There are indeed simpler models, such as self-con-sistent models, which can be used for the study of localization. To our knowledge, however, they have not been applied to sequential loading paths with the appearance of softening. A self-consistent scheme has been used (see [26]) to predict the stress–strain curve after prestrain of 24% and a strong change of loading path. The localization is found by the computation but with a very high threshold and followed by a very weak softening compared to experimental data. More-over, the model cannot yield any information about the morphology of the band. Some very recent work [30] attempts to use self-consistent schemes to describe the evolution of microstructures before bifur-cation. These schemes consider a two-phase material with moving boundaries. These models may be prom-ising, but require complex mathematical develop-ment.

The main result of this study, which is supported

by experimental evidence, is that the bifurcation finds its origin in microstructural features rather than textu-ral ones and is strongly dependent upon the intragran-ular anisotropy inherited from the prestrain. The chosen criterion for localization is based on the satu-ration of the glide systems which have been active during the first loading path. The transitory phase, just before the bifurcation, is linked to changes in the intragranular microstructures (see for instance [3] or [4]).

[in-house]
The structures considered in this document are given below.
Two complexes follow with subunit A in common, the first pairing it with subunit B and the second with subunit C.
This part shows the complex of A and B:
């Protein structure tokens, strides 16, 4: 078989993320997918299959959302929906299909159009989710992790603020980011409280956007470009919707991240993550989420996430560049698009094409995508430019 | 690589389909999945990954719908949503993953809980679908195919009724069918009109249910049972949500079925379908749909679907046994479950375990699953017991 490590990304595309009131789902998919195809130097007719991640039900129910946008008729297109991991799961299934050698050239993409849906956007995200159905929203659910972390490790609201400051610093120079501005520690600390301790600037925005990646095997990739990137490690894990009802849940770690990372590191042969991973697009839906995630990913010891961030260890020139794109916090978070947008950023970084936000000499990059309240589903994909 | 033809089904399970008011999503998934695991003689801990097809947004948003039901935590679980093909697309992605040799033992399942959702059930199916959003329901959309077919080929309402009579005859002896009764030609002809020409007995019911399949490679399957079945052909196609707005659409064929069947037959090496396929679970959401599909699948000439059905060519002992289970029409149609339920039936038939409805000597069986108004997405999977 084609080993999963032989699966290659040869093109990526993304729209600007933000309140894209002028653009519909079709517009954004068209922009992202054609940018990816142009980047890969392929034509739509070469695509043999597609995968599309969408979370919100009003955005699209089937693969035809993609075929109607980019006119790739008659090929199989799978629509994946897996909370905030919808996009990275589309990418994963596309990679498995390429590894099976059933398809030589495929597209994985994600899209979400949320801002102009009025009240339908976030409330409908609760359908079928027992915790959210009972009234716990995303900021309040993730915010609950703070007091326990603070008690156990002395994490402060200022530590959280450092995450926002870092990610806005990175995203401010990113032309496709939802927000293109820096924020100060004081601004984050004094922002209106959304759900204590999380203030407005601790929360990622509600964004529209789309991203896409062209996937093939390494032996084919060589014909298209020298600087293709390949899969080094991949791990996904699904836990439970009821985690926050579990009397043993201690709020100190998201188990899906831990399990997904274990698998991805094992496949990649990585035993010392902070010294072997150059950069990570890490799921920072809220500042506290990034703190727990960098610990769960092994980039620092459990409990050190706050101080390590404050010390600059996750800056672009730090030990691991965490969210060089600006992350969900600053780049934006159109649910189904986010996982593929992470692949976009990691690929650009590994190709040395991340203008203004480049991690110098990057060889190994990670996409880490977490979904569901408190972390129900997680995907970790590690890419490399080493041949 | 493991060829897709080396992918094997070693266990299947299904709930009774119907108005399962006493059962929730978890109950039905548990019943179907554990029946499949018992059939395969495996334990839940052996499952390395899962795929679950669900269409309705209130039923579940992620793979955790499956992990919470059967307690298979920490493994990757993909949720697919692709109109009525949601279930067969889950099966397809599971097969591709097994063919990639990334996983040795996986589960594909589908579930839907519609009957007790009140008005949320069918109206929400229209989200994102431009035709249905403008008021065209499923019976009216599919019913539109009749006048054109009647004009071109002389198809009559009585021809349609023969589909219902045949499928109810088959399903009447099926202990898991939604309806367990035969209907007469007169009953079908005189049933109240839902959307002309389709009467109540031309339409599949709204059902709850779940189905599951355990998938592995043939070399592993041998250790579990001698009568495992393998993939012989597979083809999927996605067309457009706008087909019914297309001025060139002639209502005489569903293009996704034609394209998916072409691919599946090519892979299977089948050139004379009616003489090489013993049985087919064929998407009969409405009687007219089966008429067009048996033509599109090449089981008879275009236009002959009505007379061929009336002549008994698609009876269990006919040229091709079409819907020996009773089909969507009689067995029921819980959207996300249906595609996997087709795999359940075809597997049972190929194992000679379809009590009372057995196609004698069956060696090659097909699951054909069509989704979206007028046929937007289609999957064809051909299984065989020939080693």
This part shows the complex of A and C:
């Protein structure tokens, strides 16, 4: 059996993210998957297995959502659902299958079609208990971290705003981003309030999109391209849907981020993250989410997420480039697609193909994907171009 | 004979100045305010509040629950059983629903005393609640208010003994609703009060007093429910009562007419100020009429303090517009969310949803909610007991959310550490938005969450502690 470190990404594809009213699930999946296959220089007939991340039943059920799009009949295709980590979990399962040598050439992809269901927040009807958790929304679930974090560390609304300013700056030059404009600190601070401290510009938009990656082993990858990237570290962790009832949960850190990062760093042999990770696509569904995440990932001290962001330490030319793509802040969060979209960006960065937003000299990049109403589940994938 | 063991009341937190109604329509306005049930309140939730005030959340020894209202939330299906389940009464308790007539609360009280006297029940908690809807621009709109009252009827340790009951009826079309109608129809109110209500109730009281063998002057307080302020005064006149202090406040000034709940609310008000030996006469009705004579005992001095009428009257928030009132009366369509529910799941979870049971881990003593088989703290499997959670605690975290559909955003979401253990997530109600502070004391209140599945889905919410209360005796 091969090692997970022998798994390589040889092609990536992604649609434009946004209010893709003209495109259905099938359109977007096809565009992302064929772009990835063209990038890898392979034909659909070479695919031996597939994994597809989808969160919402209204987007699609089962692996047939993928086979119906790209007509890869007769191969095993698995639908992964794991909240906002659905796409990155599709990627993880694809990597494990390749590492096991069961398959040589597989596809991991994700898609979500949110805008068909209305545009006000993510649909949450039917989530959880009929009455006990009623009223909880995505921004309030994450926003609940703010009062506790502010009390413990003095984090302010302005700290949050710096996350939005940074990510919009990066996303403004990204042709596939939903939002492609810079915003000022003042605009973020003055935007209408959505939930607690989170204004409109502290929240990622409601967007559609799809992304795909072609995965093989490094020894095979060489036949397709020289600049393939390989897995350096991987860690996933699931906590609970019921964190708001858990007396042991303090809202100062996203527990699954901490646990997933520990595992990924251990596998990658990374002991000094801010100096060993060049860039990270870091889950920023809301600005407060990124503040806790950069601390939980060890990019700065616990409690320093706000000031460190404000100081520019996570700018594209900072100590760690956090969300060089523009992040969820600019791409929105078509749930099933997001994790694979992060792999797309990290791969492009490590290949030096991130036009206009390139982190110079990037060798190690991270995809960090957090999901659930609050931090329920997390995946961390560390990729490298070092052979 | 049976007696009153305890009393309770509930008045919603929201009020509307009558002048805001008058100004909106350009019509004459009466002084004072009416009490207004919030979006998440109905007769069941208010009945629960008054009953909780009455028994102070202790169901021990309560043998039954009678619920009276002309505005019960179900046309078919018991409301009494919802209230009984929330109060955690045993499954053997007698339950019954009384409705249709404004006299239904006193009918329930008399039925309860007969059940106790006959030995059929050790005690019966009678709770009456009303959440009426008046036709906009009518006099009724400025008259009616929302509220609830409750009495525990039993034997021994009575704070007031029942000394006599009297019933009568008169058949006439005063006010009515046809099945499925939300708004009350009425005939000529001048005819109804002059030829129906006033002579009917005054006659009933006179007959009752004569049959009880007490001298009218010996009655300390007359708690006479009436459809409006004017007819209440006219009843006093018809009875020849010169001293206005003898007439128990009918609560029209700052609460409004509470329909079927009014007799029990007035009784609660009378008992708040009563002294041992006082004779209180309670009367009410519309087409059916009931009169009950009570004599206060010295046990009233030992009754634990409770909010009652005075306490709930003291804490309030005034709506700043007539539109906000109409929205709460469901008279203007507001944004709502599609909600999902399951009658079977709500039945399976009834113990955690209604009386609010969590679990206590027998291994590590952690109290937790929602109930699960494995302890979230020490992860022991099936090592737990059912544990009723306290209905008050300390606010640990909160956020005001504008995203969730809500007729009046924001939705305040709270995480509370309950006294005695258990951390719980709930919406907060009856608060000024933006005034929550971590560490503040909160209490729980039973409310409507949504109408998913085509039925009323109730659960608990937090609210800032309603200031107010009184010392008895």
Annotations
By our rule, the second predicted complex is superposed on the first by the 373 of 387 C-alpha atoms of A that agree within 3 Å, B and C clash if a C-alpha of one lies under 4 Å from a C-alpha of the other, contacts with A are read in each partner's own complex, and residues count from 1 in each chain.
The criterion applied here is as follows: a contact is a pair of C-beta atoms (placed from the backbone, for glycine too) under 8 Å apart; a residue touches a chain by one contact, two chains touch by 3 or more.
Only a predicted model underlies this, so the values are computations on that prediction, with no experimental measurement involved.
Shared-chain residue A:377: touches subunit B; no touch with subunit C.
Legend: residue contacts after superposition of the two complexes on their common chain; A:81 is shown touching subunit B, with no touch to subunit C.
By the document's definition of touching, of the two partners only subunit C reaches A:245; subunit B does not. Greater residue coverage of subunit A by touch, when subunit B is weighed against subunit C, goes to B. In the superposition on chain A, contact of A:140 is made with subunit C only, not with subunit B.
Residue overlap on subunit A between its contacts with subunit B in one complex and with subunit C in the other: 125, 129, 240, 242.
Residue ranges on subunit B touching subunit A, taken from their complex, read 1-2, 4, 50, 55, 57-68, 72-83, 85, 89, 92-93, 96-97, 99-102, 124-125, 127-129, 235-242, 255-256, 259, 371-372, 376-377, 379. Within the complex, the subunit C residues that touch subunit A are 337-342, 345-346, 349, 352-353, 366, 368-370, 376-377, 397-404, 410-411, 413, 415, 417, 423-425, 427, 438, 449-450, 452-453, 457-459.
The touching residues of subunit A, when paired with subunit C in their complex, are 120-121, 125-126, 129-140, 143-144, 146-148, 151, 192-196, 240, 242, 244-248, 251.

Two characteristics of this model may be emphas-ized as its strong points: a good account of intragranu-lar anisotropy and a realistic description of orientation relations between neighboring grains through the FERP. In order to make improvements, better evol-ution relations for the dislocation densities would be needed, and also an account of microstructural evol-utions, in particular the transition between the dislo-cation microstructure inherited from the prestrain and the building of a new one characteristic of the new loading path. On a somewhat different level, one should be able to consider a FERP consisting of more than one layer of grains but retaining a realistic pat-tern of orientation relations between neighboring grains.